RJ: Now, you are, and you have been for quite some while, been involved in team management. Was that something that ever appealed to you when you were driving or was it more down to circumstance?
VS: No, not really. What happened was a friend of mine told me “Hey, why not start a team”, for a joke! I said, “No, I don’t want to do it”. That was back in 2000, and after 2001, I changed my mind! We started a team, we were in F3000, and we used the old ‘99 cars, which were from, I think it was called European Ford series, and it was still a little like a joke, to be fair. Then from there, it progressed. We started a Formula Renault team a year later, and that was a good team and then into the Italian F3000 championship, and we’re still there now, and we’re also a partner with a team in the Renault Megane series.
RJ: Why have your teams been so successful at each level? What’s the secret, if there is any?
VS: Well, there’s no secret really. When you see the kids from karting, the first formula after that, should be Formula Renault, Formula BMW.. whatever. They should be more formulae then say, just Formula Ford, as has sometimes been the case, and to have a proper idea of what the kid is capable of, how he can drive, to see if he knows what he is doing, whether he knows how to drive properly, put him in a Formula Renault car after karting. Because we started as a small team in Formula Renault, we could look at all that, and when we progressed to F3000, we felt that we had the best guys for this level as they had learnt a lot with us already and then hopefully to keep progressing to go onto Formula 1.
RJ: What do you look for, when you see the young guys karting?
VS: The most critical thing for me is if they’ve got the speed. If they’ve got it, they’ve got it. You can’t lose that and push it out of them! If they’ve got that, we can work together, give them a good car, work around them, what is missing and what needs improvement, and from then on, give the benefits of my, and others experience and build them up.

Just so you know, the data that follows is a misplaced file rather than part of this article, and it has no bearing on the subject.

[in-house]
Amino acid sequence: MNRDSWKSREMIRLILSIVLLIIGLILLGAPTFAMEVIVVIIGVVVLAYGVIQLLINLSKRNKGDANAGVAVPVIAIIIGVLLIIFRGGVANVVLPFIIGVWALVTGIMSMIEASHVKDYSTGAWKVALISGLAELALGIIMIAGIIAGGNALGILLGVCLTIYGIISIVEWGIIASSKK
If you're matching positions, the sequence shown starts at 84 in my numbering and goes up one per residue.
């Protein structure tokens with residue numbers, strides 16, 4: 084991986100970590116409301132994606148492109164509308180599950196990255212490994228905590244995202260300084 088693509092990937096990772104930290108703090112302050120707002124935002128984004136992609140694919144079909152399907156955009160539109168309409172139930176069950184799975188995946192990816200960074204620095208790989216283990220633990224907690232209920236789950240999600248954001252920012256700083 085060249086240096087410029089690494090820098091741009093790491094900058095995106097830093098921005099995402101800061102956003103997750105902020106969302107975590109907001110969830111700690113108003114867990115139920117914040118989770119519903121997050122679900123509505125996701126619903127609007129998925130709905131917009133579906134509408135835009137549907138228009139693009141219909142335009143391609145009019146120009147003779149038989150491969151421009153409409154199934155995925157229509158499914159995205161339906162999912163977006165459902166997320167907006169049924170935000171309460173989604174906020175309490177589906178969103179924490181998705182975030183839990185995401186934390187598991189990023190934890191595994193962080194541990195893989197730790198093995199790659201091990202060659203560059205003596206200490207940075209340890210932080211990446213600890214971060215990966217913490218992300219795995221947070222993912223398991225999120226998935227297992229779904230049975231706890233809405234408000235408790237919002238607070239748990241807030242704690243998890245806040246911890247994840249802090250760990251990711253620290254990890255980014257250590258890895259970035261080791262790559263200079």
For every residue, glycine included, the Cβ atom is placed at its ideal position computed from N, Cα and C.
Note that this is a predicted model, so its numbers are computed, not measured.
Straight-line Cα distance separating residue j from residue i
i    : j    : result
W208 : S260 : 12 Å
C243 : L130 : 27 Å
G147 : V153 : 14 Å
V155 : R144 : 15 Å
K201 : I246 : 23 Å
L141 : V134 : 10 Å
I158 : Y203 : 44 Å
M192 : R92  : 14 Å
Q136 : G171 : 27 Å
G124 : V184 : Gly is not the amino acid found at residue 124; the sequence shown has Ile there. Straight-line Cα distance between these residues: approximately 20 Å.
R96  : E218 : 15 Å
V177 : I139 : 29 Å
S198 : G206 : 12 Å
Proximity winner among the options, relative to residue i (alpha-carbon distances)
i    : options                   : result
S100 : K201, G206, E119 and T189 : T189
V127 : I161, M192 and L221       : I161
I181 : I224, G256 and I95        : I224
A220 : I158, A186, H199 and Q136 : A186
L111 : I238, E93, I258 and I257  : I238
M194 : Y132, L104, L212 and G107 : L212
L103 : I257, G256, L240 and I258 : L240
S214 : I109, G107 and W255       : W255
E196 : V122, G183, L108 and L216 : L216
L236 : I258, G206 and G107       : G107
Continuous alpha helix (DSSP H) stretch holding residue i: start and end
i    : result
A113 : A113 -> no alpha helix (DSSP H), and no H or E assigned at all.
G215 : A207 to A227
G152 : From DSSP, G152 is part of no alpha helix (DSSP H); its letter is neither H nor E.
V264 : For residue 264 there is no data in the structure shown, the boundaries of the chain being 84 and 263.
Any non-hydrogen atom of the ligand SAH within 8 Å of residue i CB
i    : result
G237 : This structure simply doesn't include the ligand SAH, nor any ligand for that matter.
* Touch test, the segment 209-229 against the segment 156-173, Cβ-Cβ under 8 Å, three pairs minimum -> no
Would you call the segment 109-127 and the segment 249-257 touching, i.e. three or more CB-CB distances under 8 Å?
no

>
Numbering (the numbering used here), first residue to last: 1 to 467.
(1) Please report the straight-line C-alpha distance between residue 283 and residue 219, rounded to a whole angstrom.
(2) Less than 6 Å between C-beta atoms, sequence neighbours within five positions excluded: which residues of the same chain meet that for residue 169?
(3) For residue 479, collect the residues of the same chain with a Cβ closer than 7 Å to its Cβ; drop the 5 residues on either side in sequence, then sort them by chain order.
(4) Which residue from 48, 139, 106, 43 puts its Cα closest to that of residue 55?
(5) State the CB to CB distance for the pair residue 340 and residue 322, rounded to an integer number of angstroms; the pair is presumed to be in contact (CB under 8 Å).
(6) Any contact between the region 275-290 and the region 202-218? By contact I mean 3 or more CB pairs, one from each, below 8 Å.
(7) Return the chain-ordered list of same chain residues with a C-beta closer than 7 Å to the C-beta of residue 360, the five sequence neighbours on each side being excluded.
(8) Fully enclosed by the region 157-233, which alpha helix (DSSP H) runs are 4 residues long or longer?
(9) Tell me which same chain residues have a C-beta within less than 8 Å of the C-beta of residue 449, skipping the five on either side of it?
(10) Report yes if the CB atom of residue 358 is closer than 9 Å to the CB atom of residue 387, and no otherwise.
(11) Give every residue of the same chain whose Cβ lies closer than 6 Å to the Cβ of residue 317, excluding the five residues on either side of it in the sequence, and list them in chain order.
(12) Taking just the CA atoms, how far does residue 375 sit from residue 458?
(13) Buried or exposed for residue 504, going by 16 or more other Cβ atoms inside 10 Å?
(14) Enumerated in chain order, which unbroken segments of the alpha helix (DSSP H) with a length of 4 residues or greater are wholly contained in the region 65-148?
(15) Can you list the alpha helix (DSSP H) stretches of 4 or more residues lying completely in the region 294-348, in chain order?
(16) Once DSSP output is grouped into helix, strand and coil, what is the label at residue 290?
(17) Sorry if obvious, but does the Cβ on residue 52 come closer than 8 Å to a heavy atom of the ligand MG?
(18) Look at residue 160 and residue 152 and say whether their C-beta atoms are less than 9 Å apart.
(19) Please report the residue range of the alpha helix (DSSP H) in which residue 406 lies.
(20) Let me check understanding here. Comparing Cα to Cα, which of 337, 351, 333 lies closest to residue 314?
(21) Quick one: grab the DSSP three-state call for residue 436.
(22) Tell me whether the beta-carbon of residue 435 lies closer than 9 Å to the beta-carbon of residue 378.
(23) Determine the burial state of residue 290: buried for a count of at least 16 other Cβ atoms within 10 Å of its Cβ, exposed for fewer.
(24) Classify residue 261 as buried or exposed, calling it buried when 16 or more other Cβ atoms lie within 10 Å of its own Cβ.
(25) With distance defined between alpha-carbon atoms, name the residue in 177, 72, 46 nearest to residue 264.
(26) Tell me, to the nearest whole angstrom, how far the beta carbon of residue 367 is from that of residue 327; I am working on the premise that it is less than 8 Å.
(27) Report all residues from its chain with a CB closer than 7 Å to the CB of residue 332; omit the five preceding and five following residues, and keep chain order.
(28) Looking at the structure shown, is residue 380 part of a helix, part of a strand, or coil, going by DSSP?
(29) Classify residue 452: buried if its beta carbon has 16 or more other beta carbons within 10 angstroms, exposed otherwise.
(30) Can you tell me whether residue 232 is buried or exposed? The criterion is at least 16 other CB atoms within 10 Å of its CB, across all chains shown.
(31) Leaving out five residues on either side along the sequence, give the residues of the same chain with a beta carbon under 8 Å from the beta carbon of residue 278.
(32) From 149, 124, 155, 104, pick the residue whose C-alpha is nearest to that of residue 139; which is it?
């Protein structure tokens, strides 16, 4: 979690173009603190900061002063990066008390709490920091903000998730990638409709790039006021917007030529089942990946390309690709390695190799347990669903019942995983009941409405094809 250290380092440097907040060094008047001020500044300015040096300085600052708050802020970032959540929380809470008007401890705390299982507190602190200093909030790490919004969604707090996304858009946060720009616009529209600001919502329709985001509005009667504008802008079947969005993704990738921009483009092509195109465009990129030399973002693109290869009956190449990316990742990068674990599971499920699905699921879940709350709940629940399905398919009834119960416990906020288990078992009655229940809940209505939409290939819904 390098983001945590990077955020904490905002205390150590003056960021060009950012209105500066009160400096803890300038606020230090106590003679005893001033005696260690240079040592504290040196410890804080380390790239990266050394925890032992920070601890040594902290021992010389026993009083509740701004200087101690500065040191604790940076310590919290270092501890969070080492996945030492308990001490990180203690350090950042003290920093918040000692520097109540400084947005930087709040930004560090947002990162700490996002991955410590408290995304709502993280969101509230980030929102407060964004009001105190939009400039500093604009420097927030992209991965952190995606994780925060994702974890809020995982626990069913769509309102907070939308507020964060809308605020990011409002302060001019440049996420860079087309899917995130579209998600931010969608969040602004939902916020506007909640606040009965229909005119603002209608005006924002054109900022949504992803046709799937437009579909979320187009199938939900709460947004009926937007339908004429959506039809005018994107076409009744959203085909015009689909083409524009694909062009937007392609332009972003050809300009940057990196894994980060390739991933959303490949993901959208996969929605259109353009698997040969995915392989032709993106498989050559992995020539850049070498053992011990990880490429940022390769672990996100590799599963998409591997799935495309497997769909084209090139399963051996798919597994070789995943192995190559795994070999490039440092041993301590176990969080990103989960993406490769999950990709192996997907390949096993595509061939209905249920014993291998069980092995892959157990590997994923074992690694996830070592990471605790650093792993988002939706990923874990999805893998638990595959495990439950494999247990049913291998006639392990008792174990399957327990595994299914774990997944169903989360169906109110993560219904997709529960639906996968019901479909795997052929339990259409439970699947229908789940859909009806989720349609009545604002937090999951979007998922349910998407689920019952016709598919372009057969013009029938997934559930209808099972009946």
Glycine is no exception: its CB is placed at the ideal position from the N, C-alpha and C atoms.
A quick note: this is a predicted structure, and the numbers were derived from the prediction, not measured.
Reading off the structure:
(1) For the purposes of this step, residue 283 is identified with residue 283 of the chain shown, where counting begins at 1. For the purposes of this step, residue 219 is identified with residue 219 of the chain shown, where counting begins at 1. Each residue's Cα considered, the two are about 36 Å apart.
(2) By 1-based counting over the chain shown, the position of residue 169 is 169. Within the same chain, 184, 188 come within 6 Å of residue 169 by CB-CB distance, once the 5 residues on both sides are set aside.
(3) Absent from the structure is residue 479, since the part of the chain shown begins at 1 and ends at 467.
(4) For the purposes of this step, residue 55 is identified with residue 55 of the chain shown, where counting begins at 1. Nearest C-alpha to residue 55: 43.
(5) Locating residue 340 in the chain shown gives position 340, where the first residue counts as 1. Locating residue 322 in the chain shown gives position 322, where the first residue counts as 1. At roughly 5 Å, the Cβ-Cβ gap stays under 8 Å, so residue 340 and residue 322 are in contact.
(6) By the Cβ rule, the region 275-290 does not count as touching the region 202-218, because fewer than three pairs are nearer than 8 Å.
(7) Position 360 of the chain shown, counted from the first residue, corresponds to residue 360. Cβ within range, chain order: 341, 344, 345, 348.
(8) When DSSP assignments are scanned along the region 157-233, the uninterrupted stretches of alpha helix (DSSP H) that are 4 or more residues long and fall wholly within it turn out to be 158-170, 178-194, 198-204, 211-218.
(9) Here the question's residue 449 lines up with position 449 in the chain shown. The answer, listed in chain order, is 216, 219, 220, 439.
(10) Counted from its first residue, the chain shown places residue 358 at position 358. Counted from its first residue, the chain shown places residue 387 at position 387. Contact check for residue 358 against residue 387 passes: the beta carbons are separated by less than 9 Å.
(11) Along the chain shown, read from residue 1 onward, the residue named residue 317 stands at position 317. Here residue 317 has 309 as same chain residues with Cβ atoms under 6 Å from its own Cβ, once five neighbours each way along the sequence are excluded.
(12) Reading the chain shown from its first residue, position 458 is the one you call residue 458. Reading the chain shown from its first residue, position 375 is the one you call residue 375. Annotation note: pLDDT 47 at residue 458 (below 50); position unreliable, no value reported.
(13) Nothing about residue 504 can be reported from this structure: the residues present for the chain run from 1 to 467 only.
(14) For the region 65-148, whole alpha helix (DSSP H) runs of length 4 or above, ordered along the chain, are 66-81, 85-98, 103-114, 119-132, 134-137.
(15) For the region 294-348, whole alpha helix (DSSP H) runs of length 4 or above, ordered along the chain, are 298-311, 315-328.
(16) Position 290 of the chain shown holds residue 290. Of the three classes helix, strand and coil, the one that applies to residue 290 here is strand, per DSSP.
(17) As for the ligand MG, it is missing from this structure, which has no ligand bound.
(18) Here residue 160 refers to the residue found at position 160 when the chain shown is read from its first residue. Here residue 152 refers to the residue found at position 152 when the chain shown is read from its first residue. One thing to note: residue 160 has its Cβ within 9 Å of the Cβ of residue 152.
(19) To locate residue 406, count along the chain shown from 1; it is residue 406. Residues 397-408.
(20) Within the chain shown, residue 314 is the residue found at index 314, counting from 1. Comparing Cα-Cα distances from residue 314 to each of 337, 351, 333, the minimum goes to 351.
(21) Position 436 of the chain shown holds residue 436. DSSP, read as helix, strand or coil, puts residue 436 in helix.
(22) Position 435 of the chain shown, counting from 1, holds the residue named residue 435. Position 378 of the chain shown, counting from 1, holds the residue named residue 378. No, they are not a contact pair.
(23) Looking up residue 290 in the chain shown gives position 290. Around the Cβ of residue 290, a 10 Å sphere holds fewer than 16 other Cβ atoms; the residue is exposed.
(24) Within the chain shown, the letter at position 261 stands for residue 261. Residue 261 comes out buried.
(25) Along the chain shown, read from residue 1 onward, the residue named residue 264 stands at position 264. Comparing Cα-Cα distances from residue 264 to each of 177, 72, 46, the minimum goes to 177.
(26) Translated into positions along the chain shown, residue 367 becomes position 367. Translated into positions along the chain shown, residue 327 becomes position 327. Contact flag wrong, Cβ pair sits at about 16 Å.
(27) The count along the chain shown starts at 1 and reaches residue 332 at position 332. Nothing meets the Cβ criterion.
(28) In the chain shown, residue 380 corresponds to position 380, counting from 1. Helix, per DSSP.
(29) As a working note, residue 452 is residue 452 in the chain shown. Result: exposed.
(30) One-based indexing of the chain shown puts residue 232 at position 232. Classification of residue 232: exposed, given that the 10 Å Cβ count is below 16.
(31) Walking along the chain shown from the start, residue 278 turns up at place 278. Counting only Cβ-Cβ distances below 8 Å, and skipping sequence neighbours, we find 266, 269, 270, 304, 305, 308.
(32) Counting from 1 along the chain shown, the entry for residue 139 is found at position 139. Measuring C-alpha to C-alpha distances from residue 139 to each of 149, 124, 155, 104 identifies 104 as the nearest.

RJ: Going back to your racing career, just after Lola – I’m not going to go into the Lola business right now!- and going into management, you had a spell driving in America. Obviously you had to retire through injury, did that stop you doing – I mean.. are you interested in doing things like the GPM for example?
VS: Yes, it was unfortunate. Sadly, what happened, after my operation, after my shoulder problem, it was difficult for me to be up to speed like I used to be, and difficult to hold the steering wheel for a long time, so I can probably do about 3 or 4, maybe 5 laps but the G-forces are too much for me, so no, there was no point, it was better to retire, there was not enough power, as it were, you know what I mean, to continue?
RJ: Does the injury stop you doing any kind of racing – sportscars etc.?
VS: Sportscars, to be fair, I never really tried. Well, I did try but it was only, it felt almost like… testing. For me, when you have a chance to race in Formula 1 or near to Formula 1, anything after that, is not as exciting as being in Formula 1. For me, I am.. I don’t.. I mean I did 2 years of sportscars, it’s not near Formula 1, but it’s a nice car to drive.. anything other than that, I don’t really like to drive, and when I don’t like to do something, I will not do it 100% and that’s not fair to people, and I don’t like to do that.
RJ: Going back to Euronova, what is it you most enjoy about team management?